The political turmoil in the Middle East deepened on Thursday with the announcement that the Prime Minister of Israel, Benjamin Netanyahu, will be indicted in three corruption cases. This at once undermines Tel-Aviv’s credibility in negotiations with Palestine, indeed a volatile swathe of the world. It can reasonably be presumed that his prospects in the Israeli general election ~ due in another six weeks ~ have been severely damaged even before the first vote is cast. And unmistakable was his sense of utter desperation in his televised statement that “this entire house of cards will collapse”. There is something fundamentally wrong if Israel has to be referred to by its head of government as a “house of cards” several decades after its creation. The attorney-general, Avichai Mandelblit, has signalled his intent to prosecute the Prime Minister with criminal wrongdoing in all the cases against him, most importantly the accusations of bribery, fraud and breach of trust. As fish rots from the head, it can well be reckoned that the government itself is under a cloud in the wider canvas. The announcement renders Netanyahu’s political future direly uncertain though under Israeli law the Prime Minister can defend himself in a pre-trial hearing before the charges are formally filed in court. In his immediate response, Netanyahu has offered a feeble defence of an ugly truth. As Israel’s second-longest serving premier who runs the most right-wing government in its history, Netanyahu has pledged not to resign if indicted. He has warned that the legal case against him was a political ploy by leftist opponents “just to topple the right wing and raise the left to the premiership. There is no other explanation.” He has skirted the allegations per se by projecting the charges as the outcome of pre-election inter-party bickering. Demanding a live TV showdown with his accusers, he has binned the accusations as “lies and a blood libel”.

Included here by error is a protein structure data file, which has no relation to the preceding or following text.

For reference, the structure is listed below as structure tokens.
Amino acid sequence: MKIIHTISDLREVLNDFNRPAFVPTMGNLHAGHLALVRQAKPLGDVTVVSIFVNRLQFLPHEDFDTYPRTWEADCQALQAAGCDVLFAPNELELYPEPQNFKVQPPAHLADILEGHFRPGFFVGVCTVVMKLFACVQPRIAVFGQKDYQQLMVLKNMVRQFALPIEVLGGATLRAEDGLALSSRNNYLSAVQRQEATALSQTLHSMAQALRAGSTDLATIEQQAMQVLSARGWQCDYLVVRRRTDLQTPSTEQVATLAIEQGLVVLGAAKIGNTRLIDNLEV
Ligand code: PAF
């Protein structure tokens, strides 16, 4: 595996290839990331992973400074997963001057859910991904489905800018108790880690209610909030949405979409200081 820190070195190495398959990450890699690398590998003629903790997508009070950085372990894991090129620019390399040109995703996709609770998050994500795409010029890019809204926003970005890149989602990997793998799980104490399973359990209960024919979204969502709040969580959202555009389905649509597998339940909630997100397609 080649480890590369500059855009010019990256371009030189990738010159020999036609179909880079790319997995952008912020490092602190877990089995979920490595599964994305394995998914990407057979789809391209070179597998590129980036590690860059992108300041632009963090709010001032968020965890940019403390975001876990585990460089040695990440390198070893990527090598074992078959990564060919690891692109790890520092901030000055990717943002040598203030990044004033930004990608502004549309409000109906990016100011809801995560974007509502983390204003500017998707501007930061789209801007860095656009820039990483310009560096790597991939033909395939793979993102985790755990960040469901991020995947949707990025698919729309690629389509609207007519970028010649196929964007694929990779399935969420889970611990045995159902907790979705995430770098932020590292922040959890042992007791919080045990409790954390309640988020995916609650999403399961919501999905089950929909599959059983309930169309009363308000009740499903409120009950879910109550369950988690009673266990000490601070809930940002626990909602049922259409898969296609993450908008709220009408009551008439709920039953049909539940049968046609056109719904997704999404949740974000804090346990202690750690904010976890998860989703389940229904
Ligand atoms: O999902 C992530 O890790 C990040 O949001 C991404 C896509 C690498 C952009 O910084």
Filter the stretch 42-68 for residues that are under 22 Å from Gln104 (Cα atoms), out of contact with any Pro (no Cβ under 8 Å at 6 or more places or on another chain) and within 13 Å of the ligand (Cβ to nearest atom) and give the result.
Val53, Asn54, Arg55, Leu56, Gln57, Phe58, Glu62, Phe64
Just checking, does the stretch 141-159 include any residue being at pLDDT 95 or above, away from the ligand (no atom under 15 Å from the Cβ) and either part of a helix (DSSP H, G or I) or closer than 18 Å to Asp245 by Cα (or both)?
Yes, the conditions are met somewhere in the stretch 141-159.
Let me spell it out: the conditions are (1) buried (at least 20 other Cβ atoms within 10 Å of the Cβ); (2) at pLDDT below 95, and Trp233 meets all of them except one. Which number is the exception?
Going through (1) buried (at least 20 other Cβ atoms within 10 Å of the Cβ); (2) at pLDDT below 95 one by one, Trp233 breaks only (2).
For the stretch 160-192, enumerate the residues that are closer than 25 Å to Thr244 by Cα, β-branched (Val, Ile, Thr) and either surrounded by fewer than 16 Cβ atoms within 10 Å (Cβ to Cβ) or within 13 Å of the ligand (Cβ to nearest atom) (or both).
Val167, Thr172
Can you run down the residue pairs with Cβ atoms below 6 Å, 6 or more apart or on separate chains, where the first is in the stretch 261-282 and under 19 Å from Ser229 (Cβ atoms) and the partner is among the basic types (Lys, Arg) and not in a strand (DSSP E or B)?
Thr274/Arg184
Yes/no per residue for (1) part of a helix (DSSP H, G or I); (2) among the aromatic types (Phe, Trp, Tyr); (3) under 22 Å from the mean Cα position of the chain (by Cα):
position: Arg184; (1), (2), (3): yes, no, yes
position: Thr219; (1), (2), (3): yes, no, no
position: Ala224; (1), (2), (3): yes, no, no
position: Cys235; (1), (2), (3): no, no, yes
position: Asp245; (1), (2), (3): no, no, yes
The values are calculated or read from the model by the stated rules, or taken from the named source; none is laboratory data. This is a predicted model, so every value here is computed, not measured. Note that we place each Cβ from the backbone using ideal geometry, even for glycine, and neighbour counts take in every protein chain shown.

Obliquely, he has hinted at a change of guard as dramatic as ideological should the Left be able to effect a psephological swing. Netanyahu’s prospects are ever so uncertain with several key allies of the Prime Minister letting it be known that they will not support him if the attorney-general goes forward with the indictment which has already been resonant in the echo chambers of Moscow and Washington. To drum up international support, Netanyahu has, immediately after the attorney-general’s announcement, met President Vladimir Putin to prepare for the fallout. And concordant with his customary support to the fallen angel, as it were, Donald Trump has promptly advanced a certificate ~ “I just think he’s been a great Prime Minister and I don’t know about his difficulty. He’s tough, he’s smart, he’s strong.” However impressive the personality traits, Benjamin Netanyahu will have to accept the reality, i.e. he has been helming Israel even as he wallows in the mire of corruption. The voice of Israel in the Middle East will be less than robust as the Prime Minister steps into the dock.